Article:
gleaning

Continuous Improvement The good news is that gleaning organizations are managing to convert the goodwill of farmers and volunteer
Food waste doesn't just come from your plate or the back corners of your refrigerator. Food waste starts at the farm- whether
One in six Americans struggles with food insecurity. Yes, we said Americans. Yet 40 percent of all food goes to waste. While a good part of that percentage is derived from people throwing out half-eaten grub, another significant chunk of waste is generated far before a meal reaches a diner's plate.
For example, they make juices from fruits and use hummus containers as Tupperware. Turkey meatballs, organic Greek yogurt
On this particular winter Wednesday, 26 labeled boxes containing 554 pounds of apples, citrus, salad greens, kale, squash, garlic, turnips, cucumbers and radishes have been collected by friendly volunteers wearing hats and aprons that say "Food Forward."
Gleaning. The word may not be immediately recognizable to many, and that’s probably because it hasn’t been a practice of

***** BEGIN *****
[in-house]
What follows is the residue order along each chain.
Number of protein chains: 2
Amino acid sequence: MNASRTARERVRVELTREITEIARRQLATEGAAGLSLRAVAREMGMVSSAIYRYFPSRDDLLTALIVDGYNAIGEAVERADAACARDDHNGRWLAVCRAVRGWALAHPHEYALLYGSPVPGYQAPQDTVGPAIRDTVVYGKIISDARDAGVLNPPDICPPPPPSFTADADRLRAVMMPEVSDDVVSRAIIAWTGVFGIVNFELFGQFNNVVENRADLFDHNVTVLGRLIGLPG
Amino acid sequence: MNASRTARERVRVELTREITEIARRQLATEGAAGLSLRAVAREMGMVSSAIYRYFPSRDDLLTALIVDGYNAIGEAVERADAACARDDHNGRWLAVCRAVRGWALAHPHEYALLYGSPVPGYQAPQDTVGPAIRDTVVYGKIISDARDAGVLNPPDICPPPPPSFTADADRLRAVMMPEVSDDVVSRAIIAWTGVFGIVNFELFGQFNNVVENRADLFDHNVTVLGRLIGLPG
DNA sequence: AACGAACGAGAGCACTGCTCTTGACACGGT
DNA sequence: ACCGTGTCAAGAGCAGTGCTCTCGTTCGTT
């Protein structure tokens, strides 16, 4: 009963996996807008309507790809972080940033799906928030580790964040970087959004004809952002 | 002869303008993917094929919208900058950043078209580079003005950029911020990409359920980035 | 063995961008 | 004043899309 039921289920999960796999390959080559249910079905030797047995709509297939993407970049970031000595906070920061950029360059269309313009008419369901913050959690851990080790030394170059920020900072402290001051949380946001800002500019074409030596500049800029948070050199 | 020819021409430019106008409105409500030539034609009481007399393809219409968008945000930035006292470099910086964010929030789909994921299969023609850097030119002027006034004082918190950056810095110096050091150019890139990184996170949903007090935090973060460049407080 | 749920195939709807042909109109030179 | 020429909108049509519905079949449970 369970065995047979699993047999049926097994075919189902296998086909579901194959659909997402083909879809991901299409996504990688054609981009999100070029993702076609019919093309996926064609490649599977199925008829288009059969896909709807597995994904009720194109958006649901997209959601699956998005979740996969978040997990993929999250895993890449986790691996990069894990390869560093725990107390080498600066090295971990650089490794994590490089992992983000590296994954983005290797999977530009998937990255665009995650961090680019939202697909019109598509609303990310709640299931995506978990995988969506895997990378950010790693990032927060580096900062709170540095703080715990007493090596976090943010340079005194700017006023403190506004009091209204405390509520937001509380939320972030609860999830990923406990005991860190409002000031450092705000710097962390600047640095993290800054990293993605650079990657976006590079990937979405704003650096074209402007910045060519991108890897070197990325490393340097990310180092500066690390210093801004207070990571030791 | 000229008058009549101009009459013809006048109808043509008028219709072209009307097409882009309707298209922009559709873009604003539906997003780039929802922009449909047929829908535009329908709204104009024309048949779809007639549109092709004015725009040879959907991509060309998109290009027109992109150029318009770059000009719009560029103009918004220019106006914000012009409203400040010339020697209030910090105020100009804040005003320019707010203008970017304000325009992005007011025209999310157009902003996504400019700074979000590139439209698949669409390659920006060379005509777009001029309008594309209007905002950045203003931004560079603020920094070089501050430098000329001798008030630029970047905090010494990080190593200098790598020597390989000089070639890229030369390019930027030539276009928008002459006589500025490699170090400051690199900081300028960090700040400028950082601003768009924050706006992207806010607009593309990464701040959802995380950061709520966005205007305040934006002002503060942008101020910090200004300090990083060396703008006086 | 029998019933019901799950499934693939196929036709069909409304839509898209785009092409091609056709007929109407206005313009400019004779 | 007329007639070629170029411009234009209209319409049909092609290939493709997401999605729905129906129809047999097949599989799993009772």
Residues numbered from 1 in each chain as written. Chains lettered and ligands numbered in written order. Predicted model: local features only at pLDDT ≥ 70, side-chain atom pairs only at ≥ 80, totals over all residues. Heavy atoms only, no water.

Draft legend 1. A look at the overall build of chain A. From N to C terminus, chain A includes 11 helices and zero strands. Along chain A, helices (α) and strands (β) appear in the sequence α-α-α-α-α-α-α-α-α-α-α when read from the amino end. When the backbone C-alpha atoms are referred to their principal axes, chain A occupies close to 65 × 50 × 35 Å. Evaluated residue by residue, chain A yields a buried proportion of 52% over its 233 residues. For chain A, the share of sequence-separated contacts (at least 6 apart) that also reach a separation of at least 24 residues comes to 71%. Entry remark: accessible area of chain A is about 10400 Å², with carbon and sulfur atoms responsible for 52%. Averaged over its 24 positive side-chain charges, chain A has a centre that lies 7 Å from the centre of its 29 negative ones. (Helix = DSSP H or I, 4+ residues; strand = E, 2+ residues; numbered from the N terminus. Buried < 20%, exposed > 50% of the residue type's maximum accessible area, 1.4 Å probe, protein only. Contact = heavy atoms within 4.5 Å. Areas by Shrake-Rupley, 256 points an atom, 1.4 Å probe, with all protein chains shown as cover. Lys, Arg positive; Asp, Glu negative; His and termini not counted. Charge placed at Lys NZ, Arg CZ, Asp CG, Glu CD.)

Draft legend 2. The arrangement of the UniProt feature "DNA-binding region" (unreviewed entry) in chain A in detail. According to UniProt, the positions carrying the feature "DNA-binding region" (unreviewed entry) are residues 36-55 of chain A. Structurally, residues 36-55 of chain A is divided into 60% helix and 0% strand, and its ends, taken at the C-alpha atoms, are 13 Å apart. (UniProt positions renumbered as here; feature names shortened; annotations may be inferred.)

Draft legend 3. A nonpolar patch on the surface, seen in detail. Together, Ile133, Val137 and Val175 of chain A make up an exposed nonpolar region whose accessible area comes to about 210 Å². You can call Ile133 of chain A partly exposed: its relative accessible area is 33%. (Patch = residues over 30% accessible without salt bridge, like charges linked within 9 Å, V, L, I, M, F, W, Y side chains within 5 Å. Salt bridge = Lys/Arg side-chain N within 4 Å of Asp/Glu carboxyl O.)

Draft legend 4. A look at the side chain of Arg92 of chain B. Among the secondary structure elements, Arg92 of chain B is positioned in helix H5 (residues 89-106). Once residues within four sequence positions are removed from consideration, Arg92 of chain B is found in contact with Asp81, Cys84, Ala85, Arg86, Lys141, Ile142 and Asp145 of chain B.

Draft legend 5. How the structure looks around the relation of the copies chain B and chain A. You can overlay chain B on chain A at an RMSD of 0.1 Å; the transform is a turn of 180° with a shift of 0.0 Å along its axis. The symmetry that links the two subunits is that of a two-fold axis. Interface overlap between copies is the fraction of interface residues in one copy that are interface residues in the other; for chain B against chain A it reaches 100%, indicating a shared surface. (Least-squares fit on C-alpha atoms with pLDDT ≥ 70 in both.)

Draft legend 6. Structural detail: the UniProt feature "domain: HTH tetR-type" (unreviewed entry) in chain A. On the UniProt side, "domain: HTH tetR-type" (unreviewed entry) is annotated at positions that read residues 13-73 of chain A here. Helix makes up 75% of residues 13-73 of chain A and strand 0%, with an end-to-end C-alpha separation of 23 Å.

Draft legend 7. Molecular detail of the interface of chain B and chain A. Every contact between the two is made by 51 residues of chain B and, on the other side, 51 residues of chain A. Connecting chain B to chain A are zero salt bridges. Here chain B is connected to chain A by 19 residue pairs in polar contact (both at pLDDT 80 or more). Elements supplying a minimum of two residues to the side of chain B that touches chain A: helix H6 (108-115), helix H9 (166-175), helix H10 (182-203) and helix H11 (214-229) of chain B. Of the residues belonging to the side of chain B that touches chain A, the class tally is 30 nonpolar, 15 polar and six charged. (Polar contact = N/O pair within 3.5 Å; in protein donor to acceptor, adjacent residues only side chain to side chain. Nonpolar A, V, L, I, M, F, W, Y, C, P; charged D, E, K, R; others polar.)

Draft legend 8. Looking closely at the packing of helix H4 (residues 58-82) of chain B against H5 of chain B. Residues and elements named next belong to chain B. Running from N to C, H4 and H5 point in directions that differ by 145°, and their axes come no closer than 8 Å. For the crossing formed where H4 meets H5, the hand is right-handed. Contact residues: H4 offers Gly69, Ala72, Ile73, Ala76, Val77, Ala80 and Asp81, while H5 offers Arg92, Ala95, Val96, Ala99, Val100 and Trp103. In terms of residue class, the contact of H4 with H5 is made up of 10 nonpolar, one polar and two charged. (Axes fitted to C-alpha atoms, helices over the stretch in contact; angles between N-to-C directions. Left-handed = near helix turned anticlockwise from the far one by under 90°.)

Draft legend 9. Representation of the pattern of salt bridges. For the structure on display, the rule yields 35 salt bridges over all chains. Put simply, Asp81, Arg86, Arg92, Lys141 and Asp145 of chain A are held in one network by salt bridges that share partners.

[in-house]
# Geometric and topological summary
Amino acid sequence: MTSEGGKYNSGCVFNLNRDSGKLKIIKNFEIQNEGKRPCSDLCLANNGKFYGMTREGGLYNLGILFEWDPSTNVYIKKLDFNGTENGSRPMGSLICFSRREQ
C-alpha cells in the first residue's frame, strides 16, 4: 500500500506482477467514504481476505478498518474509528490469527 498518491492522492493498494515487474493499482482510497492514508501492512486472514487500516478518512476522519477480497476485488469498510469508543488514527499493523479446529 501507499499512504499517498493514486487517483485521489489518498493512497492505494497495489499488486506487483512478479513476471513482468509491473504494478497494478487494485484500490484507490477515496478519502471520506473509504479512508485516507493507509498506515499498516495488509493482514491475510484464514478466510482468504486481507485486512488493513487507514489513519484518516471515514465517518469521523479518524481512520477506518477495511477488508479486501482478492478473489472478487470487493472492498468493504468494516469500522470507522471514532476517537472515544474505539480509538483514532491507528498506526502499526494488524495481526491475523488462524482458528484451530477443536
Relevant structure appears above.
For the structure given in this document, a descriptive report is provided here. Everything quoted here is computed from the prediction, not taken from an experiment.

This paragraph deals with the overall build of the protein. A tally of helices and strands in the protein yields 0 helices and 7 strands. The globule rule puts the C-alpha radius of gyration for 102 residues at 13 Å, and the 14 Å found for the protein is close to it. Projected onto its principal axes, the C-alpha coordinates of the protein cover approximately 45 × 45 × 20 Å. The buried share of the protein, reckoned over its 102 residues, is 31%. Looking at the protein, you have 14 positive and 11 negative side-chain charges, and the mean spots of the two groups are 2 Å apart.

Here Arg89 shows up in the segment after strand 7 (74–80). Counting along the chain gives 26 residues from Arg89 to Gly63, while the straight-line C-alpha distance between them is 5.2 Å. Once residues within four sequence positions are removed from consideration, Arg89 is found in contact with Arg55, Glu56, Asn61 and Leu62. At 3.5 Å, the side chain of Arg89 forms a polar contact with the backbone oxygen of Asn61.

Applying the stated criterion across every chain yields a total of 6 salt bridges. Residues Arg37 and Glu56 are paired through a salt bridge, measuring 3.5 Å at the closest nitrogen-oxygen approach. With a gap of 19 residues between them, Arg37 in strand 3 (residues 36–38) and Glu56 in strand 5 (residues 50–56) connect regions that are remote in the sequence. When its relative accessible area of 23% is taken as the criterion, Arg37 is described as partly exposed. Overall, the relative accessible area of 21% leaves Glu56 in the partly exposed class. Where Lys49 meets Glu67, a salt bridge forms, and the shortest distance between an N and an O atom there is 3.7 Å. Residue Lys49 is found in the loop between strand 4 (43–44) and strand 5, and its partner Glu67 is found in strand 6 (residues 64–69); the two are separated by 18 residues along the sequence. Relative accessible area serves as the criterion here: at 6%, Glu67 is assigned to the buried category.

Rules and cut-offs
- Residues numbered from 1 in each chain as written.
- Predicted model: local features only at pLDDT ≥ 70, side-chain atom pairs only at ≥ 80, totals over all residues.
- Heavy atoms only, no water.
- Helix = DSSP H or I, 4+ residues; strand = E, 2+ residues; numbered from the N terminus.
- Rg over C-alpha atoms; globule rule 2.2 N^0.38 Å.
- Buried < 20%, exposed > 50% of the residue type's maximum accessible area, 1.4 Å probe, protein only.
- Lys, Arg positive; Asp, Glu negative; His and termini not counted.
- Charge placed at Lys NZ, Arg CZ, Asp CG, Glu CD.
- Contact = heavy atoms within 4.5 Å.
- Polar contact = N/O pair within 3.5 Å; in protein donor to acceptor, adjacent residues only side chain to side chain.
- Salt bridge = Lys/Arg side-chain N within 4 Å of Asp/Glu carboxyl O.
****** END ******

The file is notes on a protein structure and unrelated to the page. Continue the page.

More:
Picking corn, I mulled it all over. How sorely disconnected we are from our food from where it comes from, how it's grown, who grows it, even how to cook it to who gets access to it.
In order to make way for bad yields, bad weather, and unexpected disasters, (or just to make sure they have enough to satisfy their customers), most farms will end up with more than they can sell.
Helena David is on a mission. Her ambitious goal to pick and donate 100,000 pieces of fruit in one year for Southern California's underprivileged is already well underway.
Farmers estimate up to 20 percent of the food harvested in fields across this nation cannot be sold in the grocery store and is thrown out simply for aesthetic reasons.